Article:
Zeppelins Crash Site Investigated

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What remains of the archaeology of the First World War? In 2004, with a decade’s count-down to the centenary of the First World War, Neil Faulkner (Features Editor of our sister magazine, CA) founded the Great War Archaeology Group to discover more. CWA’s Editor immediately joined, and together with other archaeologists, aviation enthusiasts and metal detectorists, they launched a series of ongoing projects. Thus, in 2006 the group went in search of a whole new sort of archaeology: evidence for the German Zeppelin raids over Britain in 1915-1918. Their quest centred on the first-ever strategic bombing campaign in history: the first Blitz. To discover more, the group undertook a series of pioneering excavations and archive research. To this end, in the summer of 2006, they completed the world’s first ever excavation of a Zeppelin crash site in a sunny poppy field in Suffolk, and also investigated a series of airfields, gun emplacement sites, searchlights, and radio listening posts. So cutting-edge was this research that it was also the subject of a BBC2 Timewatch documentary that was shown in 2007.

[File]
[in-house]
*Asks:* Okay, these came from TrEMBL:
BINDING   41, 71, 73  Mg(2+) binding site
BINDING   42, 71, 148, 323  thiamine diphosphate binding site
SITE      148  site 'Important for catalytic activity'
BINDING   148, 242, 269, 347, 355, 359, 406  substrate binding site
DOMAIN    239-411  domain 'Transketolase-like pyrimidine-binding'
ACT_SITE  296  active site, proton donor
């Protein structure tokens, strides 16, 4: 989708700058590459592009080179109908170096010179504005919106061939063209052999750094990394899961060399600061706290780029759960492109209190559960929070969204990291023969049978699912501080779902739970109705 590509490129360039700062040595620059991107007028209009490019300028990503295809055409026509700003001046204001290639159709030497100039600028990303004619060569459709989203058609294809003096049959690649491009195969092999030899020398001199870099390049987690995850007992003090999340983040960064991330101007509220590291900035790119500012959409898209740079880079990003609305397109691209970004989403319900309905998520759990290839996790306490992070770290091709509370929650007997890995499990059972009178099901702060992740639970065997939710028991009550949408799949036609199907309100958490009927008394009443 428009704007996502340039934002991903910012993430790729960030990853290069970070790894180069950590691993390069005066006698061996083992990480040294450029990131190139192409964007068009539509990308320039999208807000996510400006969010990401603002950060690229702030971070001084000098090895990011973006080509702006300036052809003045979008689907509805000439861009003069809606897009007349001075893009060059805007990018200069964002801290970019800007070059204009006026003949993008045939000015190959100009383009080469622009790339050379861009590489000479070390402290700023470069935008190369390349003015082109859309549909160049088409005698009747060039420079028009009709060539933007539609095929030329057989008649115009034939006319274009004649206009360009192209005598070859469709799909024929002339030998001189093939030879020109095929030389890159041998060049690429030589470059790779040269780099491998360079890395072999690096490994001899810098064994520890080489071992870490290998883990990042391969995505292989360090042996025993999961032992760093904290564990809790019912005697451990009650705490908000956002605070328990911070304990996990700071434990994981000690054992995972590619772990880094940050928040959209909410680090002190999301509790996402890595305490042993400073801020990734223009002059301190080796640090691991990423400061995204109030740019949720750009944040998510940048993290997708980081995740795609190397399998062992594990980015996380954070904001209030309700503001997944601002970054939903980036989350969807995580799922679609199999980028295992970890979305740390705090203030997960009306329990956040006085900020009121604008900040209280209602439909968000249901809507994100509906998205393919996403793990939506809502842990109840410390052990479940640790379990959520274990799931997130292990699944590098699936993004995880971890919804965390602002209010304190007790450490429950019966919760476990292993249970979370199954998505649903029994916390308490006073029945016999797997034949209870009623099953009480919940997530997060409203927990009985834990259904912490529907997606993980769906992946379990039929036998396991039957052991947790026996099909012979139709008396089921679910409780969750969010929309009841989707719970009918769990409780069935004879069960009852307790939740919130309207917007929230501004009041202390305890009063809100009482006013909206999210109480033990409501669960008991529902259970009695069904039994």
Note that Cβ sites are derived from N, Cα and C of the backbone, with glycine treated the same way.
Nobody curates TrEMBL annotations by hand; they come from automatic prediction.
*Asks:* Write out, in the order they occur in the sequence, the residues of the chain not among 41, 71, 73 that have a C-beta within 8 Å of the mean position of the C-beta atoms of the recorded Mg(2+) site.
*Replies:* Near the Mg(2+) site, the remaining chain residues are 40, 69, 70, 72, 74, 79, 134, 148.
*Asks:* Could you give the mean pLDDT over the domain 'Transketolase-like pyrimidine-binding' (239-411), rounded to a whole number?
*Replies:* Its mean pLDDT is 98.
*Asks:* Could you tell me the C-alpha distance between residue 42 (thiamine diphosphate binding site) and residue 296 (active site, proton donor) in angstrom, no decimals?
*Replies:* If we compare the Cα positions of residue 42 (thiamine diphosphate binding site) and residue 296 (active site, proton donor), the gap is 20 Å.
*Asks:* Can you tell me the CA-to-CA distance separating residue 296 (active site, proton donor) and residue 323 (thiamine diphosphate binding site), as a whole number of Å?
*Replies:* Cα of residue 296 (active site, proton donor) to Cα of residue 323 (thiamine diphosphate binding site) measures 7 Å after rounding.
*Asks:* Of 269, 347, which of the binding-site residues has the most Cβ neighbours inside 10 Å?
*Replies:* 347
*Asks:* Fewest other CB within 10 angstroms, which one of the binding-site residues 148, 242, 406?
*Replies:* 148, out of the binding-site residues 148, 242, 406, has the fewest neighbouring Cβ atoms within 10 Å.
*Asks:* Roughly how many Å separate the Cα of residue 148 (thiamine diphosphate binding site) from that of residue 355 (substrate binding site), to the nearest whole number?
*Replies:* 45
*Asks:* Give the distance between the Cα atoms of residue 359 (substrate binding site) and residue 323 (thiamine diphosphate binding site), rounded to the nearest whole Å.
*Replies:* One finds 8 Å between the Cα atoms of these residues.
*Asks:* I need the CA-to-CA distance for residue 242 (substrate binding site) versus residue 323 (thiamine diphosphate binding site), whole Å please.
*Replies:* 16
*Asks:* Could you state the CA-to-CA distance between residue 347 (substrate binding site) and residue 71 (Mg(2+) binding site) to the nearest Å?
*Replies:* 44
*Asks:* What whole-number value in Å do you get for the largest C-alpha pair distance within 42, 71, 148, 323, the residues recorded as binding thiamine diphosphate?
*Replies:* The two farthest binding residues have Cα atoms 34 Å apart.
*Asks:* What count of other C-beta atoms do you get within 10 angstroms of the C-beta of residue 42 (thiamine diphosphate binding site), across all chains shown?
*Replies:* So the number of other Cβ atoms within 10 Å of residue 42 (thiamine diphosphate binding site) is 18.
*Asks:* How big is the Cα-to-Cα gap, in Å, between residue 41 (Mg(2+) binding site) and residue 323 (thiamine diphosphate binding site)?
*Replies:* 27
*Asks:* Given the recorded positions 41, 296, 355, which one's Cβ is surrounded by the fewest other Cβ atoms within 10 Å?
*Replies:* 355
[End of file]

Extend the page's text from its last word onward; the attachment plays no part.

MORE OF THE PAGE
The two editors are now happy to announce that they have produced a fully-illustrated account of their First Blitz Project, which includes contemporary accounts, modern excavation, and archive research. This book, In Search of the Zeppelin War, by Neil Faulkner and Nadia Durrani, is published by Tempus at £17.99 and will appeal to those interested in the archaeology of conflict, political history, and World
War One. As for other activities of the Great War Archaeology Group, current projects are taking place in Lincoln and in Jordan (CWA27). We are calling on all readers to join our volunteer group to preserve and discover more about this chapter of our heritage. There is a role for everyone, from excavating in Jordan to gathering oral histories or archive images. For more information, please see the website: www.GWAG.org

This article is an extract from the full article published in World Archaeology Issue 28. Click here to subscribe

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